This is a satirical novel written by Edwin A. Abbott, first published in 1884. Abbott uses a two-dimensional world, with himself as the protagonist, known simply as "A Square", to deride the Victorian aristocracy and its hierarchies. But the book has retained its value throughout the years for its unique portrayal of a two-dimensional world, and how a Sphere introduces the Square to the incomprehensible possibility of a third dimension. Once the square fully understands the third dimension, he suggests to the Sphere that even a fourth, fifth, or sixth dimension could exist. But the Sphere sends the square back to his two-dimensional world, where he cannot convince anyone of the existence of a three dimensional world.
Robert Stawell Ball
Of all the natural sciences there is not one which offers such sublime objects to the attention of the inquirer as does the science of astronomy. From the earliest ages the study of the stars has exercised the same fascination as it possesses at the present day. Among the most primitive peoples, the movements of the sun, the moon, and the stars commanded attention from their supposed influence on human affairs.
From the days of Hipparchus down to the present hour the science of astronomy has steadily grown. One great observer after another has appeared from time to time, to reveal some new phenomenon with regard to the celestial bodies or their movements, while from time to time one commanding intellect after another has arisen to explain the true import of the facts of observations. The history of astronomy thus becomes inseparable from the history of the great men to whose labours its development is due. In the ensuing chapters we have endeavoured to sketch the lives and the work of the great philosophers, by whose labours the science of astronomy has been created. (from the Introduction)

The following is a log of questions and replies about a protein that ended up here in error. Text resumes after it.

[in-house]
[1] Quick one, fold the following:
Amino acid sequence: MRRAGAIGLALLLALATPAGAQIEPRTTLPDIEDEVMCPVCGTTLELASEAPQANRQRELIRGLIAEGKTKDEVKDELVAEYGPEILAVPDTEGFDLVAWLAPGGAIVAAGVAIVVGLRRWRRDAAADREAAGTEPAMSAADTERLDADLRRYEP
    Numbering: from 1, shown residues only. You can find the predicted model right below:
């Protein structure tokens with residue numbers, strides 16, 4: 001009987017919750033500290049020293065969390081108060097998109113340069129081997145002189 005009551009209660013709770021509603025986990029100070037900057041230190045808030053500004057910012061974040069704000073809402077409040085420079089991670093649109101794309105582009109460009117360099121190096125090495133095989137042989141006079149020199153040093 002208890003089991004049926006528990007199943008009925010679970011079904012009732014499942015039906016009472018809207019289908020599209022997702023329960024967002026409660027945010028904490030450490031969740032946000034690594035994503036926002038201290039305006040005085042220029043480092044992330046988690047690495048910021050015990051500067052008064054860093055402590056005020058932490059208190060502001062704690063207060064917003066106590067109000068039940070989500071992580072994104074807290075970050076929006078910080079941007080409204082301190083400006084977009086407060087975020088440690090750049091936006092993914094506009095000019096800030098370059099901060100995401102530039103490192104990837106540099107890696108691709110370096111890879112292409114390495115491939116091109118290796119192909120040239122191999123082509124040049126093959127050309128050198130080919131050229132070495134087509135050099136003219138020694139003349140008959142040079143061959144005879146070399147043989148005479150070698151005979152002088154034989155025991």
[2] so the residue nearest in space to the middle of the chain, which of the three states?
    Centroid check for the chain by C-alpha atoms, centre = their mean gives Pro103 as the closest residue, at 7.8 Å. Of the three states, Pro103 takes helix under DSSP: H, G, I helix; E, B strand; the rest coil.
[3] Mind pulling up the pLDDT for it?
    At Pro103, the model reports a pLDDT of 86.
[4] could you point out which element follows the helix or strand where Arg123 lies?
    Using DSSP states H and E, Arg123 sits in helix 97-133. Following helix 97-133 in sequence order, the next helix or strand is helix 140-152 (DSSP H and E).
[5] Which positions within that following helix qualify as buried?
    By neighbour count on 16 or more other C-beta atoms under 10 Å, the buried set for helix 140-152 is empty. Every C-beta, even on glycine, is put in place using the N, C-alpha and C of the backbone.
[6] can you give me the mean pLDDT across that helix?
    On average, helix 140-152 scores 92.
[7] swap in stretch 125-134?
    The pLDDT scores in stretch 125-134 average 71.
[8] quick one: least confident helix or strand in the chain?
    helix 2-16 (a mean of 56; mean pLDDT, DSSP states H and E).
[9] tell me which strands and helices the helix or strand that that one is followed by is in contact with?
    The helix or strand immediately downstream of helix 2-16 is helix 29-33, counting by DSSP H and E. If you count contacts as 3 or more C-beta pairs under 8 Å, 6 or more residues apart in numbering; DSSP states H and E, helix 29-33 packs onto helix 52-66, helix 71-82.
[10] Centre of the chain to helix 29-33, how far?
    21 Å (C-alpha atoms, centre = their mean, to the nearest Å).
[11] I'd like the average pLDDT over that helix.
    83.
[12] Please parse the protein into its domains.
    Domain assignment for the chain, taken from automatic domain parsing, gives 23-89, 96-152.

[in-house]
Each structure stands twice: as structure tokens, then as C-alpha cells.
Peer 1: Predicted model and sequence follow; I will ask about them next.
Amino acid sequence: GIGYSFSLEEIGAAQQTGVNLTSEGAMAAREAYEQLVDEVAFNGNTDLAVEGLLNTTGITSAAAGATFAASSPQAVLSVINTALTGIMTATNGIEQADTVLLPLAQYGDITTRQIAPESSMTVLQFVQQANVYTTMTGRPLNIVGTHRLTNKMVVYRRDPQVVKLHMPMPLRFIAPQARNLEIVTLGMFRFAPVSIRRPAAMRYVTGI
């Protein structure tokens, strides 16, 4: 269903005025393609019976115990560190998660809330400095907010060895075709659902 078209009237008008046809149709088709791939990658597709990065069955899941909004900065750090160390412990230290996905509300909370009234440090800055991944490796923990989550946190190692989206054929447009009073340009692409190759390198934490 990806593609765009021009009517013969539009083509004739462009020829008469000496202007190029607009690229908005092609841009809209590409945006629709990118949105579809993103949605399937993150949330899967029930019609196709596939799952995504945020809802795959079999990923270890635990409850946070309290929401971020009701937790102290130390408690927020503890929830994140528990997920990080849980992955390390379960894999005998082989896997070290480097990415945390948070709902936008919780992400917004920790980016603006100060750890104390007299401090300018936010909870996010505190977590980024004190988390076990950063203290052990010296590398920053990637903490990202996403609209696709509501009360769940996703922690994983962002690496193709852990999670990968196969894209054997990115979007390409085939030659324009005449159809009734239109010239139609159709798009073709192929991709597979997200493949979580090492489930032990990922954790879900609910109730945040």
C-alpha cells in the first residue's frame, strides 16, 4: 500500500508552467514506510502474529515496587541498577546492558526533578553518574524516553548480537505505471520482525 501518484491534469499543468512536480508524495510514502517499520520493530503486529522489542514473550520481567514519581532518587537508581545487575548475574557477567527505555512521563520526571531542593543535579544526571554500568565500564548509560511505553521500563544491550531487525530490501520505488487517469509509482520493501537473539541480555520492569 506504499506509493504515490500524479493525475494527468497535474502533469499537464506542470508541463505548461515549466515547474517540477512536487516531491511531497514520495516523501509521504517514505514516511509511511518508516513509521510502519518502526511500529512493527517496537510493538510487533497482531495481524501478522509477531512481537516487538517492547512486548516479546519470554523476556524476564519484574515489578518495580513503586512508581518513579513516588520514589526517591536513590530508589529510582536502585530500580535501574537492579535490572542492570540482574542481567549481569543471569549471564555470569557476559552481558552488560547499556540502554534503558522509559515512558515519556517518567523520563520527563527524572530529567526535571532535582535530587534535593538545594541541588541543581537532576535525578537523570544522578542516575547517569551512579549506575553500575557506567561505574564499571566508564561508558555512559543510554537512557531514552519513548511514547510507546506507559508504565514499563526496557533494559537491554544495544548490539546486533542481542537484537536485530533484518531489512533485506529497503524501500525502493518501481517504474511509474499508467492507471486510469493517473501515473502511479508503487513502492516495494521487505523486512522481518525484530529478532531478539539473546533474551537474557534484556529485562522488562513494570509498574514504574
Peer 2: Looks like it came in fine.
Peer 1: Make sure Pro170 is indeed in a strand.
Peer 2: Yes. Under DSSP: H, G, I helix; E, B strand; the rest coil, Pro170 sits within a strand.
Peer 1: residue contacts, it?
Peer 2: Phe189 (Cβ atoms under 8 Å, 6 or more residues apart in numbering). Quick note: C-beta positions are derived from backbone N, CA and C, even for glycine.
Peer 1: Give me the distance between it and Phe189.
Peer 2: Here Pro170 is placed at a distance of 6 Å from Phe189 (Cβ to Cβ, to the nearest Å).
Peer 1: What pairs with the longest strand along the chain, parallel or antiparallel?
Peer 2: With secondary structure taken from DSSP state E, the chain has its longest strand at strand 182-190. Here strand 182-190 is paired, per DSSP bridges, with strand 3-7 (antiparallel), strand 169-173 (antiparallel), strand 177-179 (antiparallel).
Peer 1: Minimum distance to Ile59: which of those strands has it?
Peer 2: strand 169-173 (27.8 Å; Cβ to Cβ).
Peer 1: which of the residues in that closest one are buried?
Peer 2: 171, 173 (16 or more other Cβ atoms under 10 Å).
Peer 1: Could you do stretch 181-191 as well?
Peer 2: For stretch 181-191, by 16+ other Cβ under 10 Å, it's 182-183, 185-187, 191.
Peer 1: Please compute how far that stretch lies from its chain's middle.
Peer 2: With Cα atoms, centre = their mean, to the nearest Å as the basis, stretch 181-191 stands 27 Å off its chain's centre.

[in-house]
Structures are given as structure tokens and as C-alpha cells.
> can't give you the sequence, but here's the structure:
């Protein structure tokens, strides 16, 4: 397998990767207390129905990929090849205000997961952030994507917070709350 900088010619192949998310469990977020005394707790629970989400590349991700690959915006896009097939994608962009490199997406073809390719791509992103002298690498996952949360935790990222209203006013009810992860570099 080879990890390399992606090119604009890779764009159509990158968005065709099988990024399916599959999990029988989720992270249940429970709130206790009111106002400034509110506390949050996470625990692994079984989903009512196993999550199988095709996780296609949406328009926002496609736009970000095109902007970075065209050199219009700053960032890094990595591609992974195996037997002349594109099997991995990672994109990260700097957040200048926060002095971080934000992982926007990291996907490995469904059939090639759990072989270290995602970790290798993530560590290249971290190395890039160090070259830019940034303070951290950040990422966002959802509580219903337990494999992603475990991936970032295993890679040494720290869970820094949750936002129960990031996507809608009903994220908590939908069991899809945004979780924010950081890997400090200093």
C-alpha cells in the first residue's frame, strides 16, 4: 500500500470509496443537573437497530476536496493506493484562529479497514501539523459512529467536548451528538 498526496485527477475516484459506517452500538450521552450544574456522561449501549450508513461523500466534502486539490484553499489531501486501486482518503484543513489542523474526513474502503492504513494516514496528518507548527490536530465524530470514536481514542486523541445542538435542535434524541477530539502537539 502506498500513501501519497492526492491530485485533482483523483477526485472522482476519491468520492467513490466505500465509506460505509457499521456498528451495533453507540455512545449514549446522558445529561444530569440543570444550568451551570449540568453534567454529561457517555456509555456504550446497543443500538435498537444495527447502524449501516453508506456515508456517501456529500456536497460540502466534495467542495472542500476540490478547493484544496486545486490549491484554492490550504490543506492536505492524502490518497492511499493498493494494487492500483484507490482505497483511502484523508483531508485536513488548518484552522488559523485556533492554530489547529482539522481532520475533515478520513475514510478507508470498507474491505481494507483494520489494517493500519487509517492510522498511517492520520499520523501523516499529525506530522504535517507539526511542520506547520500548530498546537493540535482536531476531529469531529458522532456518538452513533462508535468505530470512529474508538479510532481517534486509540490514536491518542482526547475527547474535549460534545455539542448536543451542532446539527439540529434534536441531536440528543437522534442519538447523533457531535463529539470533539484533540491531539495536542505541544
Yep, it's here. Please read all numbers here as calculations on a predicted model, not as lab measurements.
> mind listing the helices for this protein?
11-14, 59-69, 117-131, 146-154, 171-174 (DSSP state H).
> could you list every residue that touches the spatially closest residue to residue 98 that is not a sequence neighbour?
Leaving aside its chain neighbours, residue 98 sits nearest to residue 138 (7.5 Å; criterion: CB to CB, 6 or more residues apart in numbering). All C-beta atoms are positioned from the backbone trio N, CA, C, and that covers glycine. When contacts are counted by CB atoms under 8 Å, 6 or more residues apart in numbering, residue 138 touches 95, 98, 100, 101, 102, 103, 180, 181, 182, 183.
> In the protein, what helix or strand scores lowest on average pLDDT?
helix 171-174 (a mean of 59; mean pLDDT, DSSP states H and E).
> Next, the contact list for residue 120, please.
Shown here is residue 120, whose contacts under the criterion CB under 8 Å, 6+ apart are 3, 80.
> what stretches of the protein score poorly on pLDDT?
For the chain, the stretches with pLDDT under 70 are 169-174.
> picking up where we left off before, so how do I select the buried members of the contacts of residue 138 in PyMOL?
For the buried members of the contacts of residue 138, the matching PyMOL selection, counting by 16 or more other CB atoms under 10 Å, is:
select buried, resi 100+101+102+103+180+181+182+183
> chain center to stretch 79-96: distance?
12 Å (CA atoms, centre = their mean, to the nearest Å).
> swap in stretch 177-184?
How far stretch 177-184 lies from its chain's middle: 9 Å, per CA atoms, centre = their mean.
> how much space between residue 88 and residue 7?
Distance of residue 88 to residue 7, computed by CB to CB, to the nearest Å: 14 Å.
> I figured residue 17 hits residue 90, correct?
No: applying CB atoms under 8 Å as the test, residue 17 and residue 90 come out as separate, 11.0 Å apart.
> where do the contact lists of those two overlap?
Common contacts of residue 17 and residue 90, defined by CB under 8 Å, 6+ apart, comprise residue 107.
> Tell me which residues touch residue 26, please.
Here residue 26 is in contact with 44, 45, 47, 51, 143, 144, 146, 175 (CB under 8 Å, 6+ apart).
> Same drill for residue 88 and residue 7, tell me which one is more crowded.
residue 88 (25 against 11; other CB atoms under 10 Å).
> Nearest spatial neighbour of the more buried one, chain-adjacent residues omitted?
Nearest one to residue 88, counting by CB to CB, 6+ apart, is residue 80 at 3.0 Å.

An attempt has been made in these pages to trace the evolution of intellectual thought in the progress of astronomical discovery, and, by recognising the different points of view of the different ages, to give due credit even to the ancients. No one can expect, in a history of astronomy of limited size, to find a treatise on “practical” or on “theoretical astronomy,” nor a complete “descriptive astronomy,” and still less a book on “speculative astronomy.” Something of each of these is essential, however, for tracing the progress of thought and knowledge which it is the object of this History to describe.